Student Olivia Raymond participates in a personal finance class in her middle school class in West Orange, New Jersey in February 2020.
Pursuing financial literacy is something that should continue beyond the traditional school years, according to several state governors.
“We think it’s an experience of a lifetime,” New Jersey Governor Phil Murphy told CNBC’s Sharon Epperson at Wednesday’s Invest in You: The Governors Strategy Session on Financial Education event. .
Governor Steve Sisolak of Nevada agrees on the importance of financial literacy.
“It’s a skill that’s needed for your whole life,” he said. “We have to approach it longer term in that respect.”
State of Personal Finance Education
There are no federal guidelines for personal finance education in schools, which means it’s up to each state to set its own rules. And there are 23 states that mandate a personal finance course for students, according to the 2022 State Survey of the Economic Education Council.
In New Jersey, personal finance education is taught in college, and courses in financial, economics, and entrepreneurship are required to graduate.
“You have to reach people while they’re young, and that’s the driving reason behind integrating financial literacy education into our college curriculum,” said Murphy, a Democrat.
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Nevada students learn personal finance topics as part of a social studies course, typically starting in third grade and continuing through high school. In Mississippi, starting this year, a college and career readiness course that includes personal financial education is required for high school graduation.
“Each state has to make its own decision and its own priorities about which classes are most appropriate for its young people,” said Mississippi Governor Tate Reeves, a Republican. “But I absolutely believe that a fundamental understanding of finance is extremely important for success in life.”
It also means states can change their guidelines as they see fit.
“A mandatory class may be the next step we’re going toward,” said Sisolak, a Democrat. He added that it is important to have such a program in schools because many students cannot receive financial education at home from their parents, who may also lack financial literacy.
State governors agree that one of the reasons it’s important to have a personal finance curriculum in schools is that many students’ parents can’t teach them financial literacy at home or just don’t talk not enough money.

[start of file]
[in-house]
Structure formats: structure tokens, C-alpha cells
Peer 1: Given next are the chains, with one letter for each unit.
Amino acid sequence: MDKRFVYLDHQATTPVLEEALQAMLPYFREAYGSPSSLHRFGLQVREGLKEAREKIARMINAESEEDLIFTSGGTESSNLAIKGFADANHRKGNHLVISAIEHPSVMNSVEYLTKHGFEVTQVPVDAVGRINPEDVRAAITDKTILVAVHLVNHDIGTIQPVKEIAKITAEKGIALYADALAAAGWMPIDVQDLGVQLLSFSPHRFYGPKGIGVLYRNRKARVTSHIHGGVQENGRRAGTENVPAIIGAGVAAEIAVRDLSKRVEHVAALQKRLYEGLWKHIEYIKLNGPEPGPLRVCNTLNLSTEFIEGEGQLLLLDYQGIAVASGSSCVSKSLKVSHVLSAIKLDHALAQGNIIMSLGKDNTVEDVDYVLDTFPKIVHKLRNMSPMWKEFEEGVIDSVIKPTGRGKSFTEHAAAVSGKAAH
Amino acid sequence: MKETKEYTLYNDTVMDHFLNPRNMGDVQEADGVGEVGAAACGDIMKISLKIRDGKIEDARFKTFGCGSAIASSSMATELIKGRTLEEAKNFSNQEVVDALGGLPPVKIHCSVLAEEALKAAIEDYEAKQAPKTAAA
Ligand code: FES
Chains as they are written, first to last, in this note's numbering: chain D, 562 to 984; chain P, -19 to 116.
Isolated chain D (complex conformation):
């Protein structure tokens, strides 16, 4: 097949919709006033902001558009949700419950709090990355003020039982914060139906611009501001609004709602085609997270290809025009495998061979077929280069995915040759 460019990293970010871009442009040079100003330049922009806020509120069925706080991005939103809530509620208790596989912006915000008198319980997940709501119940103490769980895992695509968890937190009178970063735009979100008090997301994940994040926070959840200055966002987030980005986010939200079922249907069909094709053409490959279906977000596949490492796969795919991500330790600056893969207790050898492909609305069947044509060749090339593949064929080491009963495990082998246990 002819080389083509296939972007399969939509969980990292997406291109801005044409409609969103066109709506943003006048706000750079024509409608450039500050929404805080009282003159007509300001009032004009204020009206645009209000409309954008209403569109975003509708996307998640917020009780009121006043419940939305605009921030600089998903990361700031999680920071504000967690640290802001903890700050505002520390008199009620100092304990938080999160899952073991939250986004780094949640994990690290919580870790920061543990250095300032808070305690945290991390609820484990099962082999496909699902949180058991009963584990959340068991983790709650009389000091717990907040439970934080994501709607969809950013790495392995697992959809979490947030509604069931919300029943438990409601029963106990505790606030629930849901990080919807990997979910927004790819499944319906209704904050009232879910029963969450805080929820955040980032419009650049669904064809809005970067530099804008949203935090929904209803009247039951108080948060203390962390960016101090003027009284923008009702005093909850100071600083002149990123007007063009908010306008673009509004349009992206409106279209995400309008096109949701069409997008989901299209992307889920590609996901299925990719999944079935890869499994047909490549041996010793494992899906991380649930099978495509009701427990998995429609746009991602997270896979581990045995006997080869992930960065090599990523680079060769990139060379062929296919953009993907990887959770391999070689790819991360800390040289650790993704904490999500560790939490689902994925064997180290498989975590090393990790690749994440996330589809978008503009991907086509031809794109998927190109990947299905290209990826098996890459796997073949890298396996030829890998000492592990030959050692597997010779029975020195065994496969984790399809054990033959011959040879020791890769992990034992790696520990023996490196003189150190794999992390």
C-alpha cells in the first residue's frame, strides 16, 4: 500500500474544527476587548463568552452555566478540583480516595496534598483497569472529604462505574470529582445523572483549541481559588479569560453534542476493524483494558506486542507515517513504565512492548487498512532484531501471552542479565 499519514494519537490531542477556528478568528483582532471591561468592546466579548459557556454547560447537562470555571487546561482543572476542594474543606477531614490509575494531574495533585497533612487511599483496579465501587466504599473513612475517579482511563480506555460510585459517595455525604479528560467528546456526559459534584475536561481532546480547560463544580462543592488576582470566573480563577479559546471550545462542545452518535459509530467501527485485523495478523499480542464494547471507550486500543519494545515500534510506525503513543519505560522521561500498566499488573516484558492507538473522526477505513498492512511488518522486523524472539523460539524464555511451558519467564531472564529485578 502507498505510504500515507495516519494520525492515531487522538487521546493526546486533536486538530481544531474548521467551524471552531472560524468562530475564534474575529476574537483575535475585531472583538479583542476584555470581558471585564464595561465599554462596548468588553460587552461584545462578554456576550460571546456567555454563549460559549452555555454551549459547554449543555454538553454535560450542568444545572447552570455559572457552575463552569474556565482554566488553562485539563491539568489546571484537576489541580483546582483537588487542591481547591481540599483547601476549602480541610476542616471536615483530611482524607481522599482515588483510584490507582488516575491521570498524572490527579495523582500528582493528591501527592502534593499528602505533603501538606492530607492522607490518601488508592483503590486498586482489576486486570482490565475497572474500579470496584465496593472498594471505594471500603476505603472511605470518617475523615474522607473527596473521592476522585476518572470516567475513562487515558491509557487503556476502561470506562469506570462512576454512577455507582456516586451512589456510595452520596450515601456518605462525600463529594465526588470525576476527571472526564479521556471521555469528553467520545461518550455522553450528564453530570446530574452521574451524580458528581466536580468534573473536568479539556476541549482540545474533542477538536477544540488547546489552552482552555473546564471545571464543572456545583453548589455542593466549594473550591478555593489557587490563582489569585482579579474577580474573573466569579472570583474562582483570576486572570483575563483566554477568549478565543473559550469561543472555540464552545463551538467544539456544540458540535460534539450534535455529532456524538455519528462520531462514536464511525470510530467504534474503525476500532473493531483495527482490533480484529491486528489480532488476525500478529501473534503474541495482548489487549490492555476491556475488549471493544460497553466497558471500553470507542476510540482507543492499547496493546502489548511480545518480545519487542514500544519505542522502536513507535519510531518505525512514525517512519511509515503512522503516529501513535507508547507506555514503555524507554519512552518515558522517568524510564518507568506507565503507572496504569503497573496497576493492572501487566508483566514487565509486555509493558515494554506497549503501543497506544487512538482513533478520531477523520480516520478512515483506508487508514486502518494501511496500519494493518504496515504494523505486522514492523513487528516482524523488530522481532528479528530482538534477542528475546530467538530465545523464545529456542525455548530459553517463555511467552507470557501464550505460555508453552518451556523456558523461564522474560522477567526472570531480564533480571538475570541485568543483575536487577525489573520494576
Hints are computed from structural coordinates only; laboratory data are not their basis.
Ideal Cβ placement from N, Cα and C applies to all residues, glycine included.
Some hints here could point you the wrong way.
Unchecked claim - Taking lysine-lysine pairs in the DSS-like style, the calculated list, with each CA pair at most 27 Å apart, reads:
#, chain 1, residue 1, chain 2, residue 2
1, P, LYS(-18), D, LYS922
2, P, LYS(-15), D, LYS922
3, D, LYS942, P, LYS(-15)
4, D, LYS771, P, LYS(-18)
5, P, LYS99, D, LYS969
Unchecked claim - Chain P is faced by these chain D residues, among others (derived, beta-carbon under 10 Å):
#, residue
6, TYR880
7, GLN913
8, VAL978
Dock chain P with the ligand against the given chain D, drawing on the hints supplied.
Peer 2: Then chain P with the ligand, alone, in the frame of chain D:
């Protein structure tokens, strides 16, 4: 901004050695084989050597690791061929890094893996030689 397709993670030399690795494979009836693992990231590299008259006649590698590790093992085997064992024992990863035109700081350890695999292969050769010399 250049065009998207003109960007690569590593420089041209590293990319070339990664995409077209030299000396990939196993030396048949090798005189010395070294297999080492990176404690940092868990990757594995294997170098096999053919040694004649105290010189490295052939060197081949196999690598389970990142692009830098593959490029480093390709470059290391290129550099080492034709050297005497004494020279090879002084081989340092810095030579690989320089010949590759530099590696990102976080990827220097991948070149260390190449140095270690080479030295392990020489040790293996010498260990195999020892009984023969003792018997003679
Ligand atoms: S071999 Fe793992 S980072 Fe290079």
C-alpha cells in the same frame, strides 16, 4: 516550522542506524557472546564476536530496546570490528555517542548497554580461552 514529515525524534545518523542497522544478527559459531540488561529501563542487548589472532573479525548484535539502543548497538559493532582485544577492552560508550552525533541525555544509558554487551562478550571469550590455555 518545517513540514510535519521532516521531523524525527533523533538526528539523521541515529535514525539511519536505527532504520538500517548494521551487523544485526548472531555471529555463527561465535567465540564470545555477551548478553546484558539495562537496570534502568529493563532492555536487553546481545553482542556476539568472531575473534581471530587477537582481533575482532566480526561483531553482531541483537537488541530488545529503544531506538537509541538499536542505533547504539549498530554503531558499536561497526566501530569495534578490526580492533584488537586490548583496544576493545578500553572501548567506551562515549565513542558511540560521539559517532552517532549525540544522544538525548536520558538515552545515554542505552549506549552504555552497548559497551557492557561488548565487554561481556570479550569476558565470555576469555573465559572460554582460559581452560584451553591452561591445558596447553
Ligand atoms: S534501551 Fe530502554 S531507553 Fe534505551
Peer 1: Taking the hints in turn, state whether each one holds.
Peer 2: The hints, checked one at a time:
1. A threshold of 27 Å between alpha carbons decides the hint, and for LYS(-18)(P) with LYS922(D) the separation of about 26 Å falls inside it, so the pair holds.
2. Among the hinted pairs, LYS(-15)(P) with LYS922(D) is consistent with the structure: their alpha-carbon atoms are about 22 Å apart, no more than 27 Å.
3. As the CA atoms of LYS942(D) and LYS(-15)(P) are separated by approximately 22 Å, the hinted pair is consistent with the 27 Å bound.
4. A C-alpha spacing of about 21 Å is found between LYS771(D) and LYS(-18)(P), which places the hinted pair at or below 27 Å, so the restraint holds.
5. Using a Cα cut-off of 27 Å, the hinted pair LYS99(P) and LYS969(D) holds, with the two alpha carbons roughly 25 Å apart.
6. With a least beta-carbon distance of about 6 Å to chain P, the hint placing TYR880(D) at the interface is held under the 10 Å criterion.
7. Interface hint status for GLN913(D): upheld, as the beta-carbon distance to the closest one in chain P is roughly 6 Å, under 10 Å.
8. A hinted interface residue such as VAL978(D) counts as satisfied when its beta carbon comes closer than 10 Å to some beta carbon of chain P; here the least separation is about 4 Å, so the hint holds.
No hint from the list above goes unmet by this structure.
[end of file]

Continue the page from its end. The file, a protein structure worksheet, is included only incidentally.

New Jersey also offers residents access to more personal financial education outside of school. Murphy announced today at the CNBC event that the state has launched NJ End Beda financial wellness platform.
“Financial literacy is extremely important for Americans to ensure their personal financial foundation, to be better positioned to support their families and prepare for future success,” Murphy said.
The platform was developed by Enrich and is powered by San Diego-based financial education company iGrad. It includes personal finance courses on several topics including budgeting, saving, retirement, student loans and also has real-time budgeting tools. It is free for all adult residents of New Jersey.
States have also ensured that educators have professional development resources to keep up with the ever-changing financial environment and answer questions about things like meme stocks and cryptocurrencies.
Mississippi offers a master teacher in personal finance program and coaching.
“The best way for a child to get a quality education is to have a quality teacher,” Reeves said. “You should be in continuing education for personal finance teachers all the time, just like you do for English, math, or any other subject.”
Of course, every state has areas where it could improve its offerings of personal finance education for students, teacher training, and resources for adult voters. And each state will likely come up with individual solutions and offers for its residents in the future.
Many states are moving forward with legislation making personal finance education mandatory for their students. There are currently 54 personal finance bills pending in 26 states, according to Next Gen Personal Finance Invoice Tracking.